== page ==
Kevin Connolly
Perceptual Learning: The Flexibility of the Senses
(Oxford 2019)

Experts from wine-tasters to radiologists to bird-watchers have all undergone perceptual learning: long-term changes in perception that result from practice or experience. Philosophers have noticed and discussed such cases for centuries. This book offers a comprehensive empirically-informed account of the phenomenon and explores its nature, scope and theoretical implications. See Oxford | Amazon | Google

Adam Pautz & Daniel Stoljar (eds.)
Blockheads!: Essays on Ned Block’s Philosophy of Mind and Consciousness
(MIT 2019)

Perhaps more than any other philosopher of mind, Ned Block synthesizes philosophical and scientific approaches to the mind; he is unique in moving back and forth across this divide, doing so with creativity and intensity. This volume offers eighteen new essays on Block’s work along with substantive and wide-ranging replies by Block. See MIT | Amazon | Google

Alan Millar
Knowing by Perceiving
(Oxford 2019)

Epistemological discussions of perception usually sidestep the notion of knowledge and ask how perceptual beliefs can be justified in terms of “sensory experiences.” In contrast, Millar argues that perceptual justification should be grounded in perceptual knowledge, which should in turn be explained in terms of recognitional abilities. See Oxford | Amazon | Google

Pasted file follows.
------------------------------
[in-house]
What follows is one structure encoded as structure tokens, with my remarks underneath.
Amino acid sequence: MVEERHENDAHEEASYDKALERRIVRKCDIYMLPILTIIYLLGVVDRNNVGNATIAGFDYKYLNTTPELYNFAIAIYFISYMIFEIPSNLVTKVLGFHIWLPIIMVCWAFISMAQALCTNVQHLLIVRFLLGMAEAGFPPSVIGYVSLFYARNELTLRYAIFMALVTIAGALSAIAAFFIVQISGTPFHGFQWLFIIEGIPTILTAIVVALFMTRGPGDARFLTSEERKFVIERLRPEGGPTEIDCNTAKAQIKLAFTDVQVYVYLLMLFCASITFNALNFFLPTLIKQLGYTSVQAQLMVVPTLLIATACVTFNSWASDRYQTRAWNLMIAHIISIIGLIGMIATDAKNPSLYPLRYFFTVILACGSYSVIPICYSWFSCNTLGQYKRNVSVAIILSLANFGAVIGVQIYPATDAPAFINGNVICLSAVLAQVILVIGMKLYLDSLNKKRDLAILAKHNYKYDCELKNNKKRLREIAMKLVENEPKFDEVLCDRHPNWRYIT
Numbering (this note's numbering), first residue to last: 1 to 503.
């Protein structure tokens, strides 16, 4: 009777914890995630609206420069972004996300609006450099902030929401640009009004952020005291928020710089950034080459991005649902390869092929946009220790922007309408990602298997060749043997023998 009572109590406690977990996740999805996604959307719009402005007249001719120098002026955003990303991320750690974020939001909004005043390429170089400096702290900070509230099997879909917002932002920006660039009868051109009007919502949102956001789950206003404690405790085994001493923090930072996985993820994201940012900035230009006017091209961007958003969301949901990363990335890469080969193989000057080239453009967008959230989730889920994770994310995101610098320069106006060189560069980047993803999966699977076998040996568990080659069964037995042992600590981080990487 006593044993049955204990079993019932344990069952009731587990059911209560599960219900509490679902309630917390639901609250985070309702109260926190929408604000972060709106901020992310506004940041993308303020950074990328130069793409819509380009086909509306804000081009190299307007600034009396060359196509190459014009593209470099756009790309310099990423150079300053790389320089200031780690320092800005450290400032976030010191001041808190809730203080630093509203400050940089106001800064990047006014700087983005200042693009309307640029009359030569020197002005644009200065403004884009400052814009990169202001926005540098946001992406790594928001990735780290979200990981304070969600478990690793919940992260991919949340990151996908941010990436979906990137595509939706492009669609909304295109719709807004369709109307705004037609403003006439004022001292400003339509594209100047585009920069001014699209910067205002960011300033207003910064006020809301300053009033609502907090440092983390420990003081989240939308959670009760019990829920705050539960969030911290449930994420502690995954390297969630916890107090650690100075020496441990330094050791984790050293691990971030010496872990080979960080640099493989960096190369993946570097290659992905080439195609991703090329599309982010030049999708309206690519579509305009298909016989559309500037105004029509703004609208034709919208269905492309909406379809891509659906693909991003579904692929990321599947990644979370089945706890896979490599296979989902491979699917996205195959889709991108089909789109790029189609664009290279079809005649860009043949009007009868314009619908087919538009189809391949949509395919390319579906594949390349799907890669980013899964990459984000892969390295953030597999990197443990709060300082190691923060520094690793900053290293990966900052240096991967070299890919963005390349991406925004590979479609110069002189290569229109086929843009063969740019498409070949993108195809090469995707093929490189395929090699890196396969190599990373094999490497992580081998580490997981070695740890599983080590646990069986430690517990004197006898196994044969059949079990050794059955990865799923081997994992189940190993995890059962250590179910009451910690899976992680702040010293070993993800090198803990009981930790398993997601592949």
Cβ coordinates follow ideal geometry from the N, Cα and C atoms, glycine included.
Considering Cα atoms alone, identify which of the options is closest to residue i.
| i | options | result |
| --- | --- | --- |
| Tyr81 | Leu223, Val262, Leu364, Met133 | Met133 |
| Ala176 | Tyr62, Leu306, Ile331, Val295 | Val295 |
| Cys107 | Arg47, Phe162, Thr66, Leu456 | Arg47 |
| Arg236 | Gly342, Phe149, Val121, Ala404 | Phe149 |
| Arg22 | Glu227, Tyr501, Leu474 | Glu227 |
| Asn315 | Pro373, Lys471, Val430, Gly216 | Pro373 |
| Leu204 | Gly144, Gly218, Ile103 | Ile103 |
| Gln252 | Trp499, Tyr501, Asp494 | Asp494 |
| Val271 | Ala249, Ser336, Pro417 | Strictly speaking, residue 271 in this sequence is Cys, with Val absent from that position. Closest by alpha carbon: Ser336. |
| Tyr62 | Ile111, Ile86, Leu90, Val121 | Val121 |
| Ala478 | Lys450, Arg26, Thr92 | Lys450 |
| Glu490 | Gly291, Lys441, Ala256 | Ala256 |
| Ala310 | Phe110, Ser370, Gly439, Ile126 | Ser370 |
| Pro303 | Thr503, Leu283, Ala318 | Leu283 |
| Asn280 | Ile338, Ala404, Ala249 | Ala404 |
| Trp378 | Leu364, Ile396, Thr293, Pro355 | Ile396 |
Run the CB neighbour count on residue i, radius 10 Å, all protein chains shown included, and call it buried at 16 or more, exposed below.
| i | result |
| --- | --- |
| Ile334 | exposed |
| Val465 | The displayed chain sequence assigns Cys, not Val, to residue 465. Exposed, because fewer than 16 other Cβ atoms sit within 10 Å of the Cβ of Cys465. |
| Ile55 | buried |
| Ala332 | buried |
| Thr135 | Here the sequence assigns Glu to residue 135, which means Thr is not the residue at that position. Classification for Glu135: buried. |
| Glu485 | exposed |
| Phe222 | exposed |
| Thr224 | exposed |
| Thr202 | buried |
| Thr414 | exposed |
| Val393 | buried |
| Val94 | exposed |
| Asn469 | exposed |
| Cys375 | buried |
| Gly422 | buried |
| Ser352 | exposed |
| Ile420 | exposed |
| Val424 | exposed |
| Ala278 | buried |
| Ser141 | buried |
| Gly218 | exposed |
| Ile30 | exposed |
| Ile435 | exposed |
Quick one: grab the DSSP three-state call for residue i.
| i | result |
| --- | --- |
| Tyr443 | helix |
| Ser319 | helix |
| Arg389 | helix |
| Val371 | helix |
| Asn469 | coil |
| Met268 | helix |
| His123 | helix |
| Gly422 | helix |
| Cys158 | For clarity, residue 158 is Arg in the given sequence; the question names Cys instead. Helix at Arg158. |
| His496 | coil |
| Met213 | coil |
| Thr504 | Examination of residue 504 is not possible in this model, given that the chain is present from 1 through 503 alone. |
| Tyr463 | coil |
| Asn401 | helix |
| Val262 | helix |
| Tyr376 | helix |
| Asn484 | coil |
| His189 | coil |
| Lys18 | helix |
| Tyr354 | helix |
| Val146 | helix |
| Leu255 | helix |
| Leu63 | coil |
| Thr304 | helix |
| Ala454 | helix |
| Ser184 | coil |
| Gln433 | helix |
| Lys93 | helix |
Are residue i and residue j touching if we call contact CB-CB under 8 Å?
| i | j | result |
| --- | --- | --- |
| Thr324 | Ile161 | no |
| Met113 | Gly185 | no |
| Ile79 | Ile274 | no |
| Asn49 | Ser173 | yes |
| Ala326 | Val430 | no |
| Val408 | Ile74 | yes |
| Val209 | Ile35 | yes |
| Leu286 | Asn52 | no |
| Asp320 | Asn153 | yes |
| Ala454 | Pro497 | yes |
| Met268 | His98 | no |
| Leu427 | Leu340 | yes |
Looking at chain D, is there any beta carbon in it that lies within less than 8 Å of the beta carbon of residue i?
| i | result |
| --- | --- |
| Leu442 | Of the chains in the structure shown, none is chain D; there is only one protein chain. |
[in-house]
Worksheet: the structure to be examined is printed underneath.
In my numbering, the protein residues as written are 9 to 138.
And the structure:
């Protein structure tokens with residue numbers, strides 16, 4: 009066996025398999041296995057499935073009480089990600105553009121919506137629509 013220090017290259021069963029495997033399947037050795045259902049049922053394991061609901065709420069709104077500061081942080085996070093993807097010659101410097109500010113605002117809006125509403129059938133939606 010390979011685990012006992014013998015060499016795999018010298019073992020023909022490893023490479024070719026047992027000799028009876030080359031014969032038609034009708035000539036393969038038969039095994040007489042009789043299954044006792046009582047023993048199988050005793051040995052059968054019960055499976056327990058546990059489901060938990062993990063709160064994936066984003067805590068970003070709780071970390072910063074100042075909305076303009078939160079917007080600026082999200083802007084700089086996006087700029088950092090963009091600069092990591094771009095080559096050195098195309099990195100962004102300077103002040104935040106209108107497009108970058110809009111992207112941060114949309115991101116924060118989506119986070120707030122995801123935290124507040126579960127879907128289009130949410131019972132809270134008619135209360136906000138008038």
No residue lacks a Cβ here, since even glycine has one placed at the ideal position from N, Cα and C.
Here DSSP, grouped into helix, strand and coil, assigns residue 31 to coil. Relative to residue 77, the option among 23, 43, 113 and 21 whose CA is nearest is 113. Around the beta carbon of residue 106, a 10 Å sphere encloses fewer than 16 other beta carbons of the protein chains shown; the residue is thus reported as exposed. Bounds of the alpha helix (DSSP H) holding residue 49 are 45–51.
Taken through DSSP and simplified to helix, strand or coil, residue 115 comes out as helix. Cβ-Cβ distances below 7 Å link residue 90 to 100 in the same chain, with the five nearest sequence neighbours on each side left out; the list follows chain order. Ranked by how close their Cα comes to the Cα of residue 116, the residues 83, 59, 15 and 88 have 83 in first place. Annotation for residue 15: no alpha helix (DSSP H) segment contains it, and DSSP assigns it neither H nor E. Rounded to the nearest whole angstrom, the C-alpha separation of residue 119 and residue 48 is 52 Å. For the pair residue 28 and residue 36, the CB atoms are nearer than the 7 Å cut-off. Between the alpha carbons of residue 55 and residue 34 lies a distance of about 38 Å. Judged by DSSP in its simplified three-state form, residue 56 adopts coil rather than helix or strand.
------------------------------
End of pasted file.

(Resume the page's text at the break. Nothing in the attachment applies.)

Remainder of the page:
Manuel Heras-Escribano
The Philosophy of Affordances
(Palgrave Macmillan 2019)

The concept of affordance, coined and developed in the field of ecological psychology, describes the possibilities for action available in the environment. This work spells out the key philosophical features of affordances and analyzes the implications that a proper understanding of affordances has for the philosophy of mind and the cognitive sciences. See Palgrave | Amazon | Google

Douglas S. Duckworth
Tibetan Buddhist Philosophy of Mind and Nature
(Oxford 2019)

This thematic study engages some of the most critical topics in Buddhist thought, such as the nature of mind and the meaning of emptiness, across a wide range of traditions, including the “Middle Way” of Madhyamaka, Yogacara (“Mind-Only”), and tantra. Duckworth provides a richly textured overview of the nature of mind, language, and world in Tibetan Buddhist traditions. See Oxford | Amazon | Google

Kevin Morris
Physicalism Deconstructed: Levels of Reality and the Mind–Body Problem
(Cambridge 2019)

Contemporary forms of physicalism are typically non-reductive, levels-based positions, on which the physical domain is fundamental, while thought and consciousness are higher-level processes, dependent somehow on physical processes. Morris shows that it is hard to make sense of this idea and recommends instead a form of one-level, reductive physicalism. See Cambridge | Amazon | Google